Goodbye, Halyina Hutchins. Long before Alec Baldwin unknowingly shot his cinematographer dead on the sets of Rust (Rust in peace, indeed) I realized we in India need to take immediate remedial measures to prevent any catastrophe on the sets.
Years ago I was at a photoshoot with Salman Khan and Bhumika Chawla when her saree caught fire from a diyah that was lit next to her. Within seconds her pallu was ablaze. I watched frozen on the spot in horror thinking of what we were witnessing there, when suddenly someone –no it wasn’t Salman–had the presence of mind to stomp on the burning pallu.
Bhumika was saved. Was she reminded of this incident when Halyina was accidently shot dead with bullets that were supposed to be blanks?
I remember another incident. This happened to my (then) dear friend Sushmita Sen.We all know she wears her hair lose constantly. The huge pedestral fan blowing behind her on the sets of a film knew it too. Within seconds her hair was tangled in the blades of the gigantic horror-monster contraption.
My first thought then was, who uses such obsolete contraptions on a modern Indian film set?
This was a good twenty years after a blaze extinguished 52(?) lives on the set of Sanjay Khan’s The Sword Of Tipu Sultan. We never really got to know where and how the fire started. There was never any transparency on the issue. Years later when Khan was asked about the horrific episode he brushed off the incident as the work of “Man or God”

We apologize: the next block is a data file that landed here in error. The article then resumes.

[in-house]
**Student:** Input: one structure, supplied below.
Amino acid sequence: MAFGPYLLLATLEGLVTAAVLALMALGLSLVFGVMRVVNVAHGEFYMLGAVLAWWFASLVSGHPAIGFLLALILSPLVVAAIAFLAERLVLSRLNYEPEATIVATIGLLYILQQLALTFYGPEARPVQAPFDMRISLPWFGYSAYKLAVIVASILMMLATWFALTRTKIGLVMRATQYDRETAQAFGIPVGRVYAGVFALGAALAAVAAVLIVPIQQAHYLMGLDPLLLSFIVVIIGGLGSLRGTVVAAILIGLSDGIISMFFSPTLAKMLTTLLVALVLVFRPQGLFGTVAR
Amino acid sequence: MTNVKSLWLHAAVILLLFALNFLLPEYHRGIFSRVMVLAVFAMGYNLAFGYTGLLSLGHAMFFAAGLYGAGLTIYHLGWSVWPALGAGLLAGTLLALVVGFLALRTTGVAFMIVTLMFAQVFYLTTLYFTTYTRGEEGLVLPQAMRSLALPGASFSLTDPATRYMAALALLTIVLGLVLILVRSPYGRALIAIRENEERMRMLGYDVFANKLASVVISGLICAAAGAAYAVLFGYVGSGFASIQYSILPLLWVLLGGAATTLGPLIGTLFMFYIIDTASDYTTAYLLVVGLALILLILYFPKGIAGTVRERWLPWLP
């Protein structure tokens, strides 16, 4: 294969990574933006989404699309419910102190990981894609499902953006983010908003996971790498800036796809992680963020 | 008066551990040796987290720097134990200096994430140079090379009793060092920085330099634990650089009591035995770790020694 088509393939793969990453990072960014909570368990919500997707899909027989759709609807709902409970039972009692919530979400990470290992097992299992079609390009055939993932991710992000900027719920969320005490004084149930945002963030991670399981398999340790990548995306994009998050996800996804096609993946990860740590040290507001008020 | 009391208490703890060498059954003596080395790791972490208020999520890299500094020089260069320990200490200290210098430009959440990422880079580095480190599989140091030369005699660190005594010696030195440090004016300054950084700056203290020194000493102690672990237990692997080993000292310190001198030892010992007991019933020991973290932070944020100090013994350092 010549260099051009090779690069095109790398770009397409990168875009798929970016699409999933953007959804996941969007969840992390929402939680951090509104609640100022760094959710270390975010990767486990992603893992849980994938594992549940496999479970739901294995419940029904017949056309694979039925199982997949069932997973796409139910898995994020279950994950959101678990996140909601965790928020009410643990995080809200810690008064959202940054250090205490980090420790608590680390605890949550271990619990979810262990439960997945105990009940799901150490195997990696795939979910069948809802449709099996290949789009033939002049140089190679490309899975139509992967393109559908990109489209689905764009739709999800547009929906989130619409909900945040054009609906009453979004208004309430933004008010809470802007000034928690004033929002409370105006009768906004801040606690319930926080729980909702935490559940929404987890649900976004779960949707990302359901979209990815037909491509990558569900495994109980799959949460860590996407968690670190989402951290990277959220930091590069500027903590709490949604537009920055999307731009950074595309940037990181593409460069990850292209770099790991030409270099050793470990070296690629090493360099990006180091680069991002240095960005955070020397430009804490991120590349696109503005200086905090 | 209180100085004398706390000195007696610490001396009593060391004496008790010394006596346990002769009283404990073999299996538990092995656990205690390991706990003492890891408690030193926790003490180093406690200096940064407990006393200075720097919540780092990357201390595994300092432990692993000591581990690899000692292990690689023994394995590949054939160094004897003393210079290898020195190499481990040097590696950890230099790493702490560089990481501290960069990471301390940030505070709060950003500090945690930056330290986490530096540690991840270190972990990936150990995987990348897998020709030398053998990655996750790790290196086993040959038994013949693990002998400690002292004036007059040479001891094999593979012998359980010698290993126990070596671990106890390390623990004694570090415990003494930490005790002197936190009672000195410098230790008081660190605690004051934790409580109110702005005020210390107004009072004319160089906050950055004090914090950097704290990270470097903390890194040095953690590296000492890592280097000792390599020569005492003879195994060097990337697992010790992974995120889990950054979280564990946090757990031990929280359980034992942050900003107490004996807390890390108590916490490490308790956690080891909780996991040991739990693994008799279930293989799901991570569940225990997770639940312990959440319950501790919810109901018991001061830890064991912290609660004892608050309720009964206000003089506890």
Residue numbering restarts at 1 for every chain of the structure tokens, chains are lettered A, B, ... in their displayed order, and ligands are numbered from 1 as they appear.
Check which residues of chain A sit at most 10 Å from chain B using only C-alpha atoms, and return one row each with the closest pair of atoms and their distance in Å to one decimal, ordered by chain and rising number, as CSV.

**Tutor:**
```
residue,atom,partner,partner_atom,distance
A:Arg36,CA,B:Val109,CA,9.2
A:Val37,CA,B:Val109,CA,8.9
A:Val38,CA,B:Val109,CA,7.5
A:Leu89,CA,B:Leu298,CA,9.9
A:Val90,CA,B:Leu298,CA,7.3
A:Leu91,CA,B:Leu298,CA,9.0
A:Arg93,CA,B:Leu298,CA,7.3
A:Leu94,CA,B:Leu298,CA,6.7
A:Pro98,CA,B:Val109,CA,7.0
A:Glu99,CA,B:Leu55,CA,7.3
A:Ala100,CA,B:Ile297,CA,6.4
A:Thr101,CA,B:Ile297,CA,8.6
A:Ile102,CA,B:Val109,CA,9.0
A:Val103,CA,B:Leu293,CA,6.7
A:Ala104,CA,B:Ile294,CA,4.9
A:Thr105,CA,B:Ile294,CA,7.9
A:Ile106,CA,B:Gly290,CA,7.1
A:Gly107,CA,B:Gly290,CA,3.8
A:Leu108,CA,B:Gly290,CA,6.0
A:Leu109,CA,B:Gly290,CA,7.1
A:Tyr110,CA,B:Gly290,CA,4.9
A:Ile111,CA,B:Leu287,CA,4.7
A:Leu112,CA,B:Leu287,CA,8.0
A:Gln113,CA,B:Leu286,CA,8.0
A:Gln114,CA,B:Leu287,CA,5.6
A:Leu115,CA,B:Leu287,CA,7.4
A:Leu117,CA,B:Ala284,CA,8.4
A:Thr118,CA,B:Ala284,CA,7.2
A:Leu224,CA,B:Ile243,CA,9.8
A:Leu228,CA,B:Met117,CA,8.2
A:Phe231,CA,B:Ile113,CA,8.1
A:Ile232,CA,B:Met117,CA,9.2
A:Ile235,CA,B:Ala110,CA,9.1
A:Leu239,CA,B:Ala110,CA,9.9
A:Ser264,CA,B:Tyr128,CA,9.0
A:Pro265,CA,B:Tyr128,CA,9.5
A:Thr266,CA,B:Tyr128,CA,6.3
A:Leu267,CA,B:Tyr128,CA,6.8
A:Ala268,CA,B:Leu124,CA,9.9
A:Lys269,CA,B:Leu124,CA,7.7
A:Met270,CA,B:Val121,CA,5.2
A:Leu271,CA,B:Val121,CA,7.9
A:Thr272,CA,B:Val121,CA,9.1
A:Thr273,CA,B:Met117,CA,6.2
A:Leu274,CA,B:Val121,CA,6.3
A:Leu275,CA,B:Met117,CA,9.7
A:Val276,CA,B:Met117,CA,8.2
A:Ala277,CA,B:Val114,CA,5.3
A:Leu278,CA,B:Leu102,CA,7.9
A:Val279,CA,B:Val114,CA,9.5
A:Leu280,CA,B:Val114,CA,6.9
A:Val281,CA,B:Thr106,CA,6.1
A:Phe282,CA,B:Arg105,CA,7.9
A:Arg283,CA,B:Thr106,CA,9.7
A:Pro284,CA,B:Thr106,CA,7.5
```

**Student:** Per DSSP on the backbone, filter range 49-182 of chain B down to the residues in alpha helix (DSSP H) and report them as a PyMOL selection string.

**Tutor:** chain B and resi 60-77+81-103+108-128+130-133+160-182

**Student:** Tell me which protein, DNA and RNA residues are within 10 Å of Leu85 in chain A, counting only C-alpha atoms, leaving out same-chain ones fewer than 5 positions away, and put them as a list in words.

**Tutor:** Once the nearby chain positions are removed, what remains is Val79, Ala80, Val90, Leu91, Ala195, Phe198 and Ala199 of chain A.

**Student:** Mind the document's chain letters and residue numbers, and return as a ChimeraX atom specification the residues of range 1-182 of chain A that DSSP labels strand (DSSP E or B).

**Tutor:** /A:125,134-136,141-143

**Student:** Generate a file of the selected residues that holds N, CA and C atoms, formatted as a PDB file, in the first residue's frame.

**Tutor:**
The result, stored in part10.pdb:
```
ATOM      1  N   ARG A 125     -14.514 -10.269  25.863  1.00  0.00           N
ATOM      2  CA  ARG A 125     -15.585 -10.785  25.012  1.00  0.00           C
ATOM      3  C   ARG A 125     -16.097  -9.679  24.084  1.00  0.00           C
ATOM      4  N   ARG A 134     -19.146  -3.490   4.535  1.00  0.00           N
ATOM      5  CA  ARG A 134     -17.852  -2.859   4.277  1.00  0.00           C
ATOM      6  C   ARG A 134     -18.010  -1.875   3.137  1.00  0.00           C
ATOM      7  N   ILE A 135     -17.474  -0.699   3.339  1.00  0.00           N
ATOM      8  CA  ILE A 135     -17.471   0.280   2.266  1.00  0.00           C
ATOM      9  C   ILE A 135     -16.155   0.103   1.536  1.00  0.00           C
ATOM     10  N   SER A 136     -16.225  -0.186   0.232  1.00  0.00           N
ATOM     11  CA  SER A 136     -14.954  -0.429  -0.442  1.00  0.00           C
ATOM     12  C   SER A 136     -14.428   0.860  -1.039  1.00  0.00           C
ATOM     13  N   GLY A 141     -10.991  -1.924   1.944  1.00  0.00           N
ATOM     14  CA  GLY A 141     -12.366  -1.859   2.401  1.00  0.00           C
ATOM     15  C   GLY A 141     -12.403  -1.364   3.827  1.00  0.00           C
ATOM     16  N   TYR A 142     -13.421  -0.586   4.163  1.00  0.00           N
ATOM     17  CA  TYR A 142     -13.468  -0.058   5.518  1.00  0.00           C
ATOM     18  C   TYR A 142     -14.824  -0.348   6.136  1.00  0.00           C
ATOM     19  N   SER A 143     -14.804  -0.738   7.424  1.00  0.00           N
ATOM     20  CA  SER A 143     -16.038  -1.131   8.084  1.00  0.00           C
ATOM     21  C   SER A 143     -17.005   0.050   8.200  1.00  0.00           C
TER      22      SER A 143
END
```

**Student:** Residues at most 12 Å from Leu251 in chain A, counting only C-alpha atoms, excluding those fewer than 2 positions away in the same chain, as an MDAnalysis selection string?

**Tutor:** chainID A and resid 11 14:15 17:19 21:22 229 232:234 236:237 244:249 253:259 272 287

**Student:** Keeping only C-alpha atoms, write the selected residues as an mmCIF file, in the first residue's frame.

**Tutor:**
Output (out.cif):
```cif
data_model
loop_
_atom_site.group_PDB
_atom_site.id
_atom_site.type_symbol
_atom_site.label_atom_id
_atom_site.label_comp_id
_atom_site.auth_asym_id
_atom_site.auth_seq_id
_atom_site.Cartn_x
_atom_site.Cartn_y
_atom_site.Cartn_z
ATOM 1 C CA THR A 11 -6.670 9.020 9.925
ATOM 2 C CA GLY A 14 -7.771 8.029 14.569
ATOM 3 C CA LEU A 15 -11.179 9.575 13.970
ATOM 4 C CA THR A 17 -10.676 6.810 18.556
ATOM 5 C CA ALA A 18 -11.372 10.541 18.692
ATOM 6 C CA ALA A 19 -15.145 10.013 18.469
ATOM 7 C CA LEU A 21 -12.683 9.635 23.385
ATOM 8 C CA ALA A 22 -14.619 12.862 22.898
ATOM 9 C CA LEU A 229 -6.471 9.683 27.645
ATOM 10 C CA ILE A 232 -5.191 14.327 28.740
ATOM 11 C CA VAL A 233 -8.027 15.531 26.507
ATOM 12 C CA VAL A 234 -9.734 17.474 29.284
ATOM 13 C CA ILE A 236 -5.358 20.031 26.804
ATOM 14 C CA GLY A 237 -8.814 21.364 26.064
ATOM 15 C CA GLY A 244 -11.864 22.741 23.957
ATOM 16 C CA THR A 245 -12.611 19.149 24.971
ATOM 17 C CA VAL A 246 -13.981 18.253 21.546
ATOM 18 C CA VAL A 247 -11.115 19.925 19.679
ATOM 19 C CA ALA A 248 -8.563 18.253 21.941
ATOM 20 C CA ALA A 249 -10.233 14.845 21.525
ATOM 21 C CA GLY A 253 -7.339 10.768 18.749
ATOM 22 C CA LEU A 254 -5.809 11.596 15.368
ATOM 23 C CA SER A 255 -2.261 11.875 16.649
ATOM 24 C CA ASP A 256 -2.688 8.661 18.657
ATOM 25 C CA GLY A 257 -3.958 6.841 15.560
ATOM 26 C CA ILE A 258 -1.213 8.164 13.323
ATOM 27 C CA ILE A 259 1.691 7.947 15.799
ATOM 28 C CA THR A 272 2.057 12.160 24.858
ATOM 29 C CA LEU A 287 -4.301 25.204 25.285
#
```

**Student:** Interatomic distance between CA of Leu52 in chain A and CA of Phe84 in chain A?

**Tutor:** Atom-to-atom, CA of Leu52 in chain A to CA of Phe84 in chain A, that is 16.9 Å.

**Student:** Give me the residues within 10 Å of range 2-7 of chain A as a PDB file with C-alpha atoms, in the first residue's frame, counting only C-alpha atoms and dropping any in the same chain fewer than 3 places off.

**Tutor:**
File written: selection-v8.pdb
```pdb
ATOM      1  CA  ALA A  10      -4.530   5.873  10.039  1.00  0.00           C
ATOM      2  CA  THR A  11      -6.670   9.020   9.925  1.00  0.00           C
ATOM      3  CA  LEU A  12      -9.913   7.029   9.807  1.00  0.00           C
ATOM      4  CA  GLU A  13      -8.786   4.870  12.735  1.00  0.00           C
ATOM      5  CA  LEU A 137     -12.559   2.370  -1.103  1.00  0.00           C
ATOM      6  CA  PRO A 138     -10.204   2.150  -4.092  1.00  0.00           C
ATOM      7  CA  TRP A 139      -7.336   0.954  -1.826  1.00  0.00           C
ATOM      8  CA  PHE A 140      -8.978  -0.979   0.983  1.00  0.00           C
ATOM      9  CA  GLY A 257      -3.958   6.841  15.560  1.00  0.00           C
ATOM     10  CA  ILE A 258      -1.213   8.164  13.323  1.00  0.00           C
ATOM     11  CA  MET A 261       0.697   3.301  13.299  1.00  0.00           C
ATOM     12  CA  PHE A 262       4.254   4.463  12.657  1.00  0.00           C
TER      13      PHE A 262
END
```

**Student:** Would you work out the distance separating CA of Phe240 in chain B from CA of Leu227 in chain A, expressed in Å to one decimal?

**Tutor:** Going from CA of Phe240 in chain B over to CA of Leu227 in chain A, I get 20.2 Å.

That’s quite a staggering range, far broader than Mr Khan’s acting.
No lessons were learnt. Indian filmmakers continue to shoot their films under the most hazardous circumstances. And we are not talking about the new post-pandemic dangers. Long before King Covid ruled the universe, unspeakable risks were taken on film sets specially in India. You may heard about some of the more famous incidents of near-catastrophes on the sets. But let me tell you the shocking truth: most of these incidents are hushed up, or every effort is made to hush them up.
If we begin to count the number of unreported lives which have been lost on the job during film shootings in India we would probably have to close down some major production houses in the country.
I remember some years ago when a horse had died during shooting I anxiously called up the film’s director who brushed off the incident as “one of those things that can’t be helped…eggs have to be broken to make an omelette.”
Right. But whose eggs are you breaking? That’s the question.
The Alec Baldwin incident must not be treated as an isolated one-off event, better left behind and best to move on.No.The entire movie fraternity all over the world should take stock of the safety measures provided on sets. To get that perfect shot , filmmakers are known to go to ridiculous lengths.But at what cost?
Repeatedly my heart goes out to Halyna’s family.What did her husband tell their son after she was accidently shot? That Mommy is not coming home after work today? That she may be gone for a while? Baldwin says he is “heartbroken” by the incident. I wonder if he knows how heartbroken Halyna’s husband Mathew is .
You wanted your perfect shot. You got something else instead.